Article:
Bitter Judgment

The discipline of the Lord is never pleasant.

Daniel: Introduction (7)


For the vast majority of those taken away captive to Babylon, the experience must have been deeply affecting. Imagine being torn from your home, and watching it go up in flames as you are marched off to a distant land. All your possessions stolen. Your relationships destroyed, and your friends and family dispersed. Your traditions put on hold. All your neighbors laughing you to scorn. Live here. Do this. Remember you’re a slave. And while you’re at it, sing us a praise song or two, would you? Yeah, not likely.

Read Jeremiah 25.8-11.

Read Psalm 137.
By the rivers of Babylon,
There we sat down, yea, we wept
When we remembered Zion.
We hung our harps
Upon the willows in the midst of it.
For there those who carried us away captive asked of us a song,
And those who plundered us requested mirth,
Saying, “Sing us one of the songs of Zion!”
How shall we sing the LORD’s song
In a foreign land?
If I forget you, O Jerusalem,
Let my right hand forget its skill!
If I do not remember you,
Let my tongue cling to the roof of my mouth—
If I do not exalt Jerusalem
Above my chief joy.
Remember, O LORD, against the sons of Edom
The day of Jerusalem,
Who said, “Raze it, raze it,
To its very foundation!”
O daughter of Babylon, who are to be destroyed,
Happy the one who repays you as you have served us!
Happy the one who takes and dashes
Your little ones against the rock!

Think it Through
1.  Psalm 137 is an imprecatory psalm. That is, the psalmist pleads with God to bring harm and destruction to the enemies of His people. This psalm is particularly brutal in its imprecations. Imprecatory psalms can be difficult to understand, much less to embrace for use in our edification or prayers. How many different emotions can you identify in this psalm? How would you describe the state of mind and soul of the anonymous writer? Is God OK with that? Meditate on Matthew 5.43-45. Should we come to God in prayer when we feel this way? With what in mind? Explain.

2.  Do you suppose Daniel was aware that many of his fellow captives felt like this? Could knowing this have affected his willingness to serve King Nebuchadnezzar (God’s “servant” – Jer. 25.9)? Explain. Meditate on Ephesians 6.10-20. Should we pray imprecatory prayers against our great enemy? How might Psalm 137 guide you in this?

“And in this way also the just give up to destruction all their enemies, which are their vices, so that they do not spare even the children, that is, the early beginnings and promptings of evil. In this sense also we understand the language of Psalm 137…” Origen (185-254 AD)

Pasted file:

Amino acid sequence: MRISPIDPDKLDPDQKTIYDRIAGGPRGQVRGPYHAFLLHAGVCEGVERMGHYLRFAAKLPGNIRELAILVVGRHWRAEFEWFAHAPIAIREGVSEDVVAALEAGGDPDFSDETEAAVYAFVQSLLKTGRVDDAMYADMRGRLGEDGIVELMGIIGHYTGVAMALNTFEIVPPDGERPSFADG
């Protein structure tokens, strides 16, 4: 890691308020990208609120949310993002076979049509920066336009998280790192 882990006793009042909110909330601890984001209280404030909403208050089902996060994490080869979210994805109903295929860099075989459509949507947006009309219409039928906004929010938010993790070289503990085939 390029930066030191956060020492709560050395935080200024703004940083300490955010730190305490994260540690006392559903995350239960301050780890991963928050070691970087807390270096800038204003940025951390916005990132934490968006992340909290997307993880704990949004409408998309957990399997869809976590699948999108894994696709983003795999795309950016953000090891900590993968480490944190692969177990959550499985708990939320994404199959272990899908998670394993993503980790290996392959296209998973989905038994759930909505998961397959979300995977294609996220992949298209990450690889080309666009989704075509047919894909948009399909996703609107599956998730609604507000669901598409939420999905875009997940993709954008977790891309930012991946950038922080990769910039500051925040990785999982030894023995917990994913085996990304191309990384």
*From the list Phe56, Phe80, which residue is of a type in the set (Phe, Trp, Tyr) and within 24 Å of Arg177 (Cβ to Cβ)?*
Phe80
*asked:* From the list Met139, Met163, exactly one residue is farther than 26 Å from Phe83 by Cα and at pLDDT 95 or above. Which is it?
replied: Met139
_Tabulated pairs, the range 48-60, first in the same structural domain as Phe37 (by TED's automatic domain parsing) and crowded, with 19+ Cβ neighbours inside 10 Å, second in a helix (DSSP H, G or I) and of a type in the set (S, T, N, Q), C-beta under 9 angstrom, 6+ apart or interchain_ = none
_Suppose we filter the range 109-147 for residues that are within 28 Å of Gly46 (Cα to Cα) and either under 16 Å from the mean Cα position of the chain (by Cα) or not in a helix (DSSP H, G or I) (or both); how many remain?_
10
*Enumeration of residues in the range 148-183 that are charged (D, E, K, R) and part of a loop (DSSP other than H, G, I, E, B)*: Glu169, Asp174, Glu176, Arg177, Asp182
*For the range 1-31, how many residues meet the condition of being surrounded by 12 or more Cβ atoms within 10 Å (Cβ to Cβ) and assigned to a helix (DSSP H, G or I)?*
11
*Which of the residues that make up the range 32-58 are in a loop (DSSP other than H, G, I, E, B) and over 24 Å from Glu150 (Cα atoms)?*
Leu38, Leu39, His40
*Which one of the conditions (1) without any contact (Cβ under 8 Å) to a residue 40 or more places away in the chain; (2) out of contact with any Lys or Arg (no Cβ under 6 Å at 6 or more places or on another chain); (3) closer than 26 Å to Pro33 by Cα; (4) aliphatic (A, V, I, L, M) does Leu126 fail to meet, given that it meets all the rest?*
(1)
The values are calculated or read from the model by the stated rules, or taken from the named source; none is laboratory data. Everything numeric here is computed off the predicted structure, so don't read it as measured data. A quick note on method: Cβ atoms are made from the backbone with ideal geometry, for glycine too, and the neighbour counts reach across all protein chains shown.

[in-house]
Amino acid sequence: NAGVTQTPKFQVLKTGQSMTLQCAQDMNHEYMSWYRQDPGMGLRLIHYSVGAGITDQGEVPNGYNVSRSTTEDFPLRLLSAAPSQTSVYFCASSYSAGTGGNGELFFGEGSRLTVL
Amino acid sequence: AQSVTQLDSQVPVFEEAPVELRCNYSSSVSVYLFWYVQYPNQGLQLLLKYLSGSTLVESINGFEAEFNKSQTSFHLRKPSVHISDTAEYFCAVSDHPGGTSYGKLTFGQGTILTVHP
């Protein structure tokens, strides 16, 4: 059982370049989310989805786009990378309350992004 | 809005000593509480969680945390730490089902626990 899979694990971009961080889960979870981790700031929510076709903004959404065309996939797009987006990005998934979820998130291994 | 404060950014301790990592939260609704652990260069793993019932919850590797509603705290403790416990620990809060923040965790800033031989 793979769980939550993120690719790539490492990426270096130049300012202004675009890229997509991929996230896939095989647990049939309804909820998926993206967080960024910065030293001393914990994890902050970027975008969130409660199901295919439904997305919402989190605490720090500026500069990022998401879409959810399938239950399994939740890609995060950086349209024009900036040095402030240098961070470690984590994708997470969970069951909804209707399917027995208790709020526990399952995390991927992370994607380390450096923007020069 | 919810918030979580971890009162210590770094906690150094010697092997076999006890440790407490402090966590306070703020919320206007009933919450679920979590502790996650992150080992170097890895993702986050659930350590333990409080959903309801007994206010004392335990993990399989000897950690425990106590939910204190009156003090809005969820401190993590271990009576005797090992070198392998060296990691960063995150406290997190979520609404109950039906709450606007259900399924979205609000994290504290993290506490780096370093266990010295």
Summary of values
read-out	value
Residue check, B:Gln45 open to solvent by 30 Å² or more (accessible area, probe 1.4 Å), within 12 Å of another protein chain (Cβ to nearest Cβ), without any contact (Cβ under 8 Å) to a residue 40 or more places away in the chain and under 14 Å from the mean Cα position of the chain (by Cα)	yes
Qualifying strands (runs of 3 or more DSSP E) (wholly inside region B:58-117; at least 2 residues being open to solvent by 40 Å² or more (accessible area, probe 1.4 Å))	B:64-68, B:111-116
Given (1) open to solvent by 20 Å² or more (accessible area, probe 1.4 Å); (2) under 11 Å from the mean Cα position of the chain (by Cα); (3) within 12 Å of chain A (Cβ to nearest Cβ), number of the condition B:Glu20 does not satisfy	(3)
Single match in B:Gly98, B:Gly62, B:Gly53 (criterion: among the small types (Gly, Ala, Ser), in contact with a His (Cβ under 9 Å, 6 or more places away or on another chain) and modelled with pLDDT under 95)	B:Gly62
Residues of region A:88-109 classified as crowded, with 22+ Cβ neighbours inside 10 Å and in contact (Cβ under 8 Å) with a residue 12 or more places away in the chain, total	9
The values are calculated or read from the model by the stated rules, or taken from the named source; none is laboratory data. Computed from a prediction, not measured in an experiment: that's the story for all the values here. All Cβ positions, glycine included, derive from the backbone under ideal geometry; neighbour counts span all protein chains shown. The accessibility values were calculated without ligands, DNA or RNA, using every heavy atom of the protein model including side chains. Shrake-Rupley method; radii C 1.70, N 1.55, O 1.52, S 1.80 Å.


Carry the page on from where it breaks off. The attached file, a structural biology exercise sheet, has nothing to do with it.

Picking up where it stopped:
Let those be put to shame and brought to dishonor
Who seek after my life;
Let those be turned back and brought to confusion
Who plot my hurt.
Let them be like chaff before the wind,
And let the angel of the LORD chase them.
Let their way be dark and slippery,
And let the angel of the LORD pursue them. Psalm 35.4-6

Lord, today I am involved in a relentless spiritual warfare. I need Your help, so that I may serve You well. I pray against the enemies of my soul, that…

Use Psalm 137 to pray for oppressed Christians everywhere. Put yourself in their place, and seek the grace of God to help them love their enemies, despite their sorrow, anger, shame, and fear. Pray also against the enemies of your soul, that God may bind and destroy them, so that you may be free of all their temptations and distractions.

Psalm 137 (The Gift of Love: Though I May Speak)
We sit beside the waters deep, in broken pride, to mourn and weep
for Zion's woes and all our sin: How great our foes, without, within!

No songs have we of joy to sing. Our enemy, to taunt and sting,

bids us rejoice, as they oppress: We have no voice to praise or bless.

How can we sing, exalt Your Name, or praises bring amid our shame?
If we forget Your Church’s fame, O Lord, then let our hands grow lame.

If ever praise forsake my tongue, if Zion’s ways no more be sung,
if greater joy by me be found, my lips destroy, no more to sound.

Remember, Lord Your boasting foes, who hate Your Word and visit woes
n your dear sheep that they may die: Cause them to weep and mourn and sigh.

How blest are You, our sovereign Lord, Who judgment true shall soon accord
to all who seek Your sheep to kill. Preserve the meek who serve You still.

T. M Moore

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Except as indicated, Scripture taken from the New King James Version. © Copyright 1982 by Thomas Nelson, Inc. Used by permission. All rights reserved. All psalms for singing adapted from
The Ailbe Psalter. All quotations from Church Fathers from Ancient Christian Commentary Series, General Editor Thomas C. Oden (Downers Grove: InterVarsity Press).

T.M. Moore

T. M. Moore is principal of The Fellowship of Ailbe, a spiritual fellowship in the Celtic Christian tradition. He and his wife, Susie, make their home in Essex Junction, VT. 

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